## Sunday, August 26, 2018

### [ohxflzck] The shape of the Riemann zeta function along the real line

The zeta function has a pole at s=1.  Proceeding rightward (positive-ward) from s=1, staying strictly along the real line, the value decreases from positive infinity asymptotically toward 1.  Some famous values are zeta(2)=pi^2/6=1.64, zeta(3)=Apery's Constant=1.20, zeta(4)=pi^4/90=1.08.  The function doesn't look anything special at those points.  The rate at which it approaches the asymptote seems to be negative exponential (geometric), as can be seen with Plot[Log[Zeta[x]-1], {x, 1, 20}].  What is the rate of decay?  This should be fairly easy because its values at even integers have closed form.

Proceeding leftward from the pole s=1, toward and along the negative real line, things are a little more exciting, but not as frequently reported.  The value starts at negative infinity then hits zero at s=-2.  Some famous points along the way are zeta(1/2, i.e., where it intersects the critical line)=-1.46, zeta(0)=-1/2=-0.5, zeta(-1)=-1/12=-0.083.  After hitting zero at s=-2, it oscillates around zero, hitting zero at all negative even numbers.  The local extrema between the zeroes are approximately at the negative odd integers, which gives an approximation of the amplitude of the oscillations: zeta(-3)=0.0083, zeta(-5)=-0.0040, zeta(-7)=0.0042, zeta(-9)=-0.0076, zeta(-11)=0.021, zeta(-13)=zeta(-1)=-0.083, zeta(-15)=0.44, zeta(-17)=-3.1, zeta(-19)=26., zeta(-21)=-280.  Incidentally, the values at these negative odd integers are exact rational numbers related to Bernoulli numbers.  After reaching a minimum around -5 or -7, the amplitudes grow faster than exponentially to the left, which is a little bit surprising after staying small for so long.  The growth rate is something like O(n^n) due to the fast rate of growth of the Bernoulli numbers: Plot[Log[Abs[Zeta[x]]], {x, -40, 4}]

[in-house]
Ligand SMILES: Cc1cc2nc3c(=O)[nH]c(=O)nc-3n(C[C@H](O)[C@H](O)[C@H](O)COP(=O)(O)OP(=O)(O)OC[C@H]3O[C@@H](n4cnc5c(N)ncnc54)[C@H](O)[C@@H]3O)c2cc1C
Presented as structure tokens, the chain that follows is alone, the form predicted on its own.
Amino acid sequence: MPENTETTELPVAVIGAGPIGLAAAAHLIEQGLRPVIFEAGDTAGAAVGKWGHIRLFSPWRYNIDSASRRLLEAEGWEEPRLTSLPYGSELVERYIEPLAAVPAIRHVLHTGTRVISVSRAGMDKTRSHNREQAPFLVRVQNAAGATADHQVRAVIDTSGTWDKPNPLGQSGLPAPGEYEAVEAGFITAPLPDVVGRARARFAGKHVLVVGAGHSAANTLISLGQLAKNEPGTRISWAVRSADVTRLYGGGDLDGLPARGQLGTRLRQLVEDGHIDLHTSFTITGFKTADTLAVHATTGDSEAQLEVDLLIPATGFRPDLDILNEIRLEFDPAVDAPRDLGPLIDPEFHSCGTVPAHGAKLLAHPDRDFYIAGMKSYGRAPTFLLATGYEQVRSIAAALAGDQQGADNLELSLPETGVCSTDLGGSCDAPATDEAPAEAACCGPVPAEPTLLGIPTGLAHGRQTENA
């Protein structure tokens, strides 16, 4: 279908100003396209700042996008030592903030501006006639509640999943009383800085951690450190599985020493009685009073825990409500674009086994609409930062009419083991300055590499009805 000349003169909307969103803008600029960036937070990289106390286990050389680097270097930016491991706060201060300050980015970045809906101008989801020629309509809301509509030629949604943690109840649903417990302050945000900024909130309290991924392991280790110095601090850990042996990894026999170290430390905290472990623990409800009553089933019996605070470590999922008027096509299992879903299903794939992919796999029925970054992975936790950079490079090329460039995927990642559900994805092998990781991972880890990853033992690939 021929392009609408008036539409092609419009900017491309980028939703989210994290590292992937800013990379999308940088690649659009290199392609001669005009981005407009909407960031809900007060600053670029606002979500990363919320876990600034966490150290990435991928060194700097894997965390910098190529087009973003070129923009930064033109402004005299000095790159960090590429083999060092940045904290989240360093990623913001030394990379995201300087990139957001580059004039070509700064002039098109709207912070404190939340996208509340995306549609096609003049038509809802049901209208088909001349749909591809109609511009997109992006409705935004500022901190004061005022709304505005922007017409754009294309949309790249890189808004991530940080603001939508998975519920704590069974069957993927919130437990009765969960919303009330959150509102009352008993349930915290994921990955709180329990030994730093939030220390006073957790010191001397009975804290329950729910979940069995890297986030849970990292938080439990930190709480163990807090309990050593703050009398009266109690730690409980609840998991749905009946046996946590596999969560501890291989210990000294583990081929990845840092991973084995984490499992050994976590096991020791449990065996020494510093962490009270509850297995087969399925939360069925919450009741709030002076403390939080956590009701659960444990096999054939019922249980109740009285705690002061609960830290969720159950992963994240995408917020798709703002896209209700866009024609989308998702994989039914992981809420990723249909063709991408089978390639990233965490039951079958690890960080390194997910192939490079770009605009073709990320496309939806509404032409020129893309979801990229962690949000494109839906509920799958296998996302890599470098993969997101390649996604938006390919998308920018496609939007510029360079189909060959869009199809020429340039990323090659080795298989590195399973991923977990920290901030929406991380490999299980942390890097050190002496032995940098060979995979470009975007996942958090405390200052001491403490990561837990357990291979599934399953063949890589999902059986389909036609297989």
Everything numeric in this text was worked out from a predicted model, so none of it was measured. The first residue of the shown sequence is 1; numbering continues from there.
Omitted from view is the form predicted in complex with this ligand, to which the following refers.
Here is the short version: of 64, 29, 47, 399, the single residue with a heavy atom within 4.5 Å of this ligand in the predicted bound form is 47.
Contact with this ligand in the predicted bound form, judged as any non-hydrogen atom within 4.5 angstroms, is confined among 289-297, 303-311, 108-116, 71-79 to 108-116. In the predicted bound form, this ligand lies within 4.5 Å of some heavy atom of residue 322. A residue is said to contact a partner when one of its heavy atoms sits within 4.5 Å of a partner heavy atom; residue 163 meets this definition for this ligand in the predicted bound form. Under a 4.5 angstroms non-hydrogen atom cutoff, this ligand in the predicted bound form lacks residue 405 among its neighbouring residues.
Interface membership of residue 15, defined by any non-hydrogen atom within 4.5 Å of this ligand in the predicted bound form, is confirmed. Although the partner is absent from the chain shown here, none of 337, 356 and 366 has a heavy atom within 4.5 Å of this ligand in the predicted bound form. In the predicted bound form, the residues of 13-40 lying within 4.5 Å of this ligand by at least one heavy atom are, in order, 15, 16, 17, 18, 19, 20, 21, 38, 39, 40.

Here are some aesthetically nice regions.  This is to generate nice irrationals, after discovering that MPFR offers the zeta function.

zeta(1.10621) = 10
zeta(3.77062) = 1.1
zeta(6.75097) = 1.01

Outside the above range, values get aesthetically too large or too close to 1.

zeta(0.905395) = -10
zeta(-18.4757) = 10

Outside the above range, values get too large.  Perhaps omit from -2 to -14, -16, or -18, to avoid a region of somewhat small values (but they are interesting).

Domain limits were calculated with Mathematica FindRoot.

The zeta function is analytic, so everything interesting about its behavior over the entire complex plane (including the million-dollar critical strip) is theoretically encoded in its behavior on the real line.